When I see photographs of Newman with his monocle hanging like a talisman, I’m reminded that Spinoza supported himself as a lens grinder. Spinoza was often offered teaching posts, but declined them, believing that they would limit his ability to think and speak freely. His philosophy combined Duns Scotus’s idea that all space is unified and continuous, with the religious idea (perhaps influenced by the Kaballah) that there is only one substance, God, having two aspects, thought and extension. He believed that the soul can attach itself to this continuous universal substance and exist immortally. Following his own excommunication (the milder form, which he didn’t bother to attend anyway), he associated with a small group called the Collegiates, who studied together and professed their beliefs without the need for an official clergy.
I would group “Uriel” with “Abraham” in Newman’s work in that it invites a personal reading, and refers simultaneously to a religious figure (Uriel was the archangel of the order of Seraphim, and Abraham the father of the Jewish people), and a real person to whom Newman had an emotional tie (Uriel d’Acosta; Abraham was Newman’s father’s name). Both paintings were won through great personal struggle, unlike the creation of “Onement, I” in 1948. Yve-Alain Bois writes in a recent issue of Artforum of Newman’s near inability to overcome his “fear of painting the central band black” of the painting “Abraham” when he realized there was no other color that would work. Similarly, in “Uriel,” we have the sickly whites of tallow candles, the red-brown of dried blood, and the blue/black surrounded with a plume of smoky white—the ingredients of an excommunication and suicide. Anarchists celebrated d’Acosta for his independent thought and opposition to religious and collective authority.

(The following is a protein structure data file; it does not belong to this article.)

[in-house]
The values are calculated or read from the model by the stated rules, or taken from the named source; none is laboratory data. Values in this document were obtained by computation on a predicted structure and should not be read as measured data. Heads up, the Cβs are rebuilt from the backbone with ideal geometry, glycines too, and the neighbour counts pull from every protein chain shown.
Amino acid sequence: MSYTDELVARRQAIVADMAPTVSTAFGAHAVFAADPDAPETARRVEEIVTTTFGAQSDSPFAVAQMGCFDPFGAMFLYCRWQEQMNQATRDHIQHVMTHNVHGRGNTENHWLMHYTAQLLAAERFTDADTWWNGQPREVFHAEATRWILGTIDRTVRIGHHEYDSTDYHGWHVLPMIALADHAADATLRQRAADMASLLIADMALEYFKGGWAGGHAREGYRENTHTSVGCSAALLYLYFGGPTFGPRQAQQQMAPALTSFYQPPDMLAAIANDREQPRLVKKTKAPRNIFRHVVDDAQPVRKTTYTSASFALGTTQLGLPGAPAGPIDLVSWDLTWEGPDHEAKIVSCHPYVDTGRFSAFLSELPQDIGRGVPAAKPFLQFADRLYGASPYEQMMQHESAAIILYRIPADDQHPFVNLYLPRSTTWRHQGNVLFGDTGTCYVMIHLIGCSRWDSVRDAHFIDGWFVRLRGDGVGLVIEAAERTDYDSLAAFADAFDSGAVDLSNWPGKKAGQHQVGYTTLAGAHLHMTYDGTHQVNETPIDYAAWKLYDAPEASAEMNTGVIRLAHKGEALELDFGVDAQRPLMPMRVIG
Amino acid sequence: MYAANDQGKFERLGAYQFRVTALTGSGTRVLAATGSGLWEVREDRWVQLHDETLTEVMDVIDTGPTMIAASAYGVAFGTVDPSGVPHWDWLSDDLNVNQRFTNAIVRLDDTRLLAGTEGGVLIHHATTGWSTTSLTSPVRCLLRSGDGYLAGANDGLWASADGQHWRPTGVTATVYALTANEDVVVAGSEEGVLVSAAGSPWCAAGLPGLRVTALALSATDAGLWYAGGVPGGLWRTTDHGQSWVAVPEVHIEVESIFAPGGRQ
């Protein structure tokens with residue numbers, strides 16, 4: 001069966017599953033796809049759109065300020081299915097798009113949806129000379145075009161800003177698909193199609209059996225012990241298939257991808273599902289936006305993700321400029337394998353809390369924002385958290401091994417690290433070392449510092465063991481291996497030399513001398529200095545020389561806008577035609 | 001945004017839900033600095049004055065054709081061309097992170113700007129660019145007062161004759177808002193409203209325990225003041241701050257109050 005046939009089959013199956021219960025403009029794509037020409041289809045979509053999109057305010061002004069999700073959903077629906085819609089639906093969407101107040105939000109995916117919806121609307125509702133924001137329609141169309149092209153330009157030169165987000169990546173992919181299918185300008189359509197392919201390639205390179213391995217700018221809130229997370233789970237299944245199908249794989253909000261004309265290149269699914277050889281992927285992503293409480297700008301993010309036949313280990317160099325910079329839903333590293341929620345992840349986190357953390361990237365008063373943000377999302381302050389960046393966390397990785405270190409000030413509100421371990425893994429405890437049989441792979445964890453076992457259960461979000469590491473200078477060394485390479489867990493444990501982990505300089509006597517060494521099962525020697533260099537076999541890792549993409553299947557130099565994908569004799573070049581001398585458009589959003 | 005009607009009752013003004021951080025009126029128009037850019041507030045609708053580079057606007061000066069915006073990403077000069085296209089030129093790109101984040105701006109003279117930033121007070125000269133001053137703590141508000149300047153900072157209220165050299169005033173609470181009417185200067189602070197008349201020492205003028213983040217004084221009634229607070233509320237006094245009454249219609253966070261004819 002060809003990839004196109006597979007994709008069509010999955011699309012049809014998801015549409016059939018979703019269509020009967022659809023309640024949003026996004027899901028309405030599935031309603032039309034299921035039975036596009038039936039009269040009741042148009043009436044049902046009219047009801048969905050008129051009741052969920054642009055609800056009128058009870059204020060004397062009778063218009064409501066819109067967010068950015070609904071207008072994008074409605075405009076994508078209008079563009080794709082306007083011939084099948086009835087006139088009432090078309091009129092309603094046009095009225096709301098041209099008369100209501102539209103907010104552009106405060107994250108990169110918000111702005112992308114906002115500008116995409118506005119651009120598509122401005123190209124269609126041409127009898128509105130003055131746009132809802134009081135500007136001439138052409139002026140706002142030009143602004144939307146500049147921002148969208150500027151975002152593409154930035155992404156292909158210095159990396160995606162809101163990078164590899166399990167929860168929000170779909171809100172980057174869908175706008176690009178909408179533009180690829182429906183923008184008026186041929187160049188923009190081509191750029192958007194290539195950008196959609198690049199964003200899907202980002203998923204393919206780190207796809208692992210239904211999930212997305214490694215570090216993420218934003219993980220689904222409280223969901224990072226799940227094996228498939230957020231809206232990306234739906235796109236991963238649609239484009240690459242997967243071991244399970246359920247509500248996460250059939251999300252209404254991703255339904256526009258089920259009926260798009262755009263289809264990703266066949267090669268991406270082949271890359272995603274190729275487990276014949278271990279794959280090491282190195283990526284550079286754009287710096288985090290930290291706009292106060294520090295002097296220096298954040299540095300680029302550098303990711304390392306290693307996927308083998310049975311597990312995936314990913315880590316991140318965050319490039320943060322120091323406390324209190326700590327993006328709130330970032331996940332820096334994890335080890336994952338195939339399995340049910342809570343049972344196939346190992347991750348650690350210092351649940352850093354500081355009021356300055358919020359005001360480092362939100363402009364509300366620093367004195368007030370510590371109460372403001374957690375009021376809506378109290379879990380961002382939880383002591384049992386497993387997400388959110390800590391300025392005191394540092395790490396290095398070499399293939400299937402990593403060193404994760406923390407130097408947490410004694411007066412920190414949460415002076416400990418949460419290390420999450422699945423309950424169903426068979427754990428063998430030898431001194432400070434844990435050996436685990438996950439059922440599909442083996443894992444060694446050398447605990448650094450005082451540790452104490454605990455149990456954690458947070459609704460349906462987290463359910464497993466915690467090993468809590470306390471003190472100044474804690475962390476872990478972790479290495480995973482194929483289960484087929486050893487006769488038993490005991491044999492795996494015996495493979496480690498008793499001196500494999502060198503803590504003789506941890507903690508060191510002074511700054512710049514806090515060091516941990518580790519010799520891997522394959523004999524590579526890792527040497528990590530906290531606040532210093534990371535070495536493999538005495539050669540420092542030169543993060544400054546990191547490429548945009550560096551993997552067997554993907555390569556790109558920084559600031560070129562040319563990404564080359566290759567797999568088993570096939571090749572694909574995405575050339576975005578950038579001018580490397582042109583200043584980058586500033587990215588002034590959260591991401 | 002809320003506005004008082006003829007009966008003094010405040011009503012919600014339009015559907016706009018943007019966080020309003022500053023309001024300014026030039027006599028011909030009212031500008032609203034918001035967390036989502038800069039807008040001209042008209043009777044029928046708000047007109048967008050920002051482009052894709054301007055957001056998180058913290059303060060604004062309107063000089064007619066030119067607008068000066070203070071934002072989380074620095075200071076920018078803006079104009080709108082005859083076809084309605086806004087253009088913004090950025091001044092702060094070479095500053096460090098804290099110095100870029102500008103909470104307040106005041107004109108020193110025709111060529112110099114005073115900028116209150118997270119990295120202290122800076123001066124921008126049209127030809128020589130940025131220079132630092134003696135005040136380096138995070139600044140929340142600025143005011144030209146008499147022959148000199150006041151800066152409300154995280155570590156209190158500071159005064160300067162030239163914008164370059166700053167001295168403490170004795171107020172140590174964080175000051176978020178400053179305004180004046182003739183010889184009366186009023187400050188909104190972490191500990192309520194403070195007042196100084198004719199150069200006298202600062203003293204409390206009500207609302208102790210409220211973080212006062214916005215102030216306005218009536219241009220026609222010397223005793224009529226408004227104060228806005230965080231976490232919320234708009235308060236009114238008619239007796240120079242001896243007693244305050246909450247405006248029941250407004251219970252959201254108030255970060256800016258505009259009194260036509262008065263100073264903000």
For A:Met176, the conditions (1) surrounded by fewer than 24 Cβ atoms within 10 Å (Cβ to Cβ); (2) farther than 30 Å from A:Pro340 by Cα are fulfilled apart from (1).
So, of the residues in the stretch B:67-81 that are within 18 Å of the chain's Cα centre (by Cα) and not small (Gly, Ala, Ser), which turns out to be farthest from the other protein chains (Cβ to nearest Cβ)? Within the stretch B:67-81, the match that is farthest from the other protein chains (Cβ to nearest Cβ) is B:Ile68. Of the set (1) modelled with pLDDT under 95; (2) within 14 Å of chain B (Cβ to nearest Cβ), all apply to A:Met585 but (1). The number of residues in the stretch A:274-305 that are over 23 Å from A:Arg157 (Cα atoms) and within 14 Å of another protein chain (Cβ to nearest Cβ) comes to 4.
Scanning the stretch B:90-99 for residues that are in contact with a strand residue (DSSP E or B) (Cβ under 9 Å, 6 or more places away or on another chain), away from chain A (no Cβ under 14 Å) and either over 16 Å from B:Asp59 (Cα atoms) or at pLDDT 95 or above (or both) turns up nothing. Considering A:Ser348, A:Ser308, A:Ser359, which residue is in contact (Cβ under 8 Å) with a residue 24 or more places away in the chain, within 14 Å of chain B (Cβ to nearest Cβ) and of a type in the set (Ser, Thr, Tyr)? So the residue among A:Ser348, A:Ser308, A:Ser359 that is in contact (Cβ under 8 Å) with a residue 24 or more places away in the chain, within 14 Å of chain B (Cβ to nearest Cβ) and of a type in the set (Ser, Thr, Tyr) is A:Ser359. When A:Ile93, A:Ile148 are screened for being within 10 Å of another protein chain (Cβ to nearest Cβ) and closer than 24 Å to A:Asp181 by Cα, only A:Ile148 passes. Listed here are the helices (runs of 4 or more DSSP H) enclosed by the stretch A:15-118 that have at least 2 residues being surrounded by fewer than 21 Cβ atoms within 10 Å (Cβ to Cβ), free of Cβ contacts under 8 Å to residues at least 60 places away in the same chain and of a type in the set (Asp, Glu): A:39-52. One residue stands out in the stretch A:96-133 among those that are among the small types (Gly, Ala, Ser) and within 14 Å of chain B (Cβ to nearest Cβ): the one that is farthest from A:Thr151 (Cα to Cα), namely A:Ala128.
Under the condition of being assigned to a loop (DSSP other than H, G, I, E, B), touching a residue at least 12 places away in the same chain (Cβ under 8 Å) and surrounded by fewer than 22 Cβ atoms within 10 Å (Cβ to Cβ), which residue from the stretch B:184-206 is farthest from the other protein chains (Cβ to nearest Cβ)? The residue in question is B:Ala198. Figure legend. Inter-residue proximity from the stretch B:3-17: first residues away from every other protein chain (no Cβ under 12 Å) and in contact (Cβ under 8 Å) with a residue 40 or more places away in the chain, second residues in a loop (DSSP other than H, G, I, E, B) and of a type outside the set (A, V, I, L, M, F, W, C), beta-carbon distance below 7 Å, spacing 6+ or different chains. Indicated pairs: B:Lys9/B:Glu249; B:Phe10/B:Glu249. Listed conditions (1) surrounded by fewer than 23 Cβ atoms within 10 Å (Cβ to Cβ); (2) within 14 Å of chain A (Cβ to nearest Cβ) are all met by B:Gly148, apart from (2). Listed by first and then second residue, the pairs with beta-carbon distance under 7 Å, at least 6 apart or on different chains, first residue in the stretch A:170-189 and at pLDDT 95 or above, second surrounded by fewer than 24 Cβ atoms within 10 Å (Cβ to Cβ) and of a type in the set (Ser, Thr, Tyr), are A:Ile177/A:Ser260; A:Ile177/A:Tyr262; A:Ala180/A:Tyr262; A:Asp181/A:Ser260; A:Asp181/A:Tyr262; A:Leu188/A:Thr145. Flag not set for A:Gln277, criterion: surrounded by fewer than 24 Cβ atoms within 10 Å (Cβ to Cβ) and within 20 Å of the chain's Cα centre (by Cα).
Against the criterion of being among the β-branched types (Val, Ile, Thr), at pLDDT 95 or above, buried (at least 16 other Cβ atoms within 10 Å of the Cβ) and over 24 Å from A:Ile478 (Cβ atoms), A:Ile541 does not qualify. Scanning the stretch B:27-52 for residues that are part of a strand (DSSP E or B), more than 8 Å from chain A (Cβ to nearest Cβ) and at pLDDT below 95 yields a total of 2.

The Portuguese Synagogue would have been on Newman’s mind in 1950, 1951, and 1952, for during those years he was at work on ideas for a synagogue design of his own, perhaps in friendly competition with Tony Smith, who was designing a church for a group of patrons brought to him by Alphonso Ossorio and James Johnson Sweeney. It was to house a group of six paintings by Pollock in a group of hexagonal structures raised off the ground by posts, and around that time we have Newman describing to Smith a system of masonry walls alternating with glass walls at right angles that would bring light into the structure without interfering with the viewing of the paintings. Perhaps Newman was to have some work of his own in the Smith project. At any rate, the synagogue would have led him to a study of the Mishnah, the ancient collection of ritual and custom, for his design was based on a baseball field, and he would want to argue that no matter how radically it might appear to depart from tradition, it was liturgically sound. This was a signature aspect of Newman’s thought and practice. For him (like Spinoza and Duns Scotus), time and history were continuous with thought and being. Stephen Barr tells us in his introduction to his Experiments in Topology that “in one sense topology is the study of continuity: beginning with the continuity of space, or shapes, it generalizes, and then by analogy leads into other kinds of continuity—and space as we usually understand it is left far behind.” The orange juice study, by the way, was paid for by Tropicana.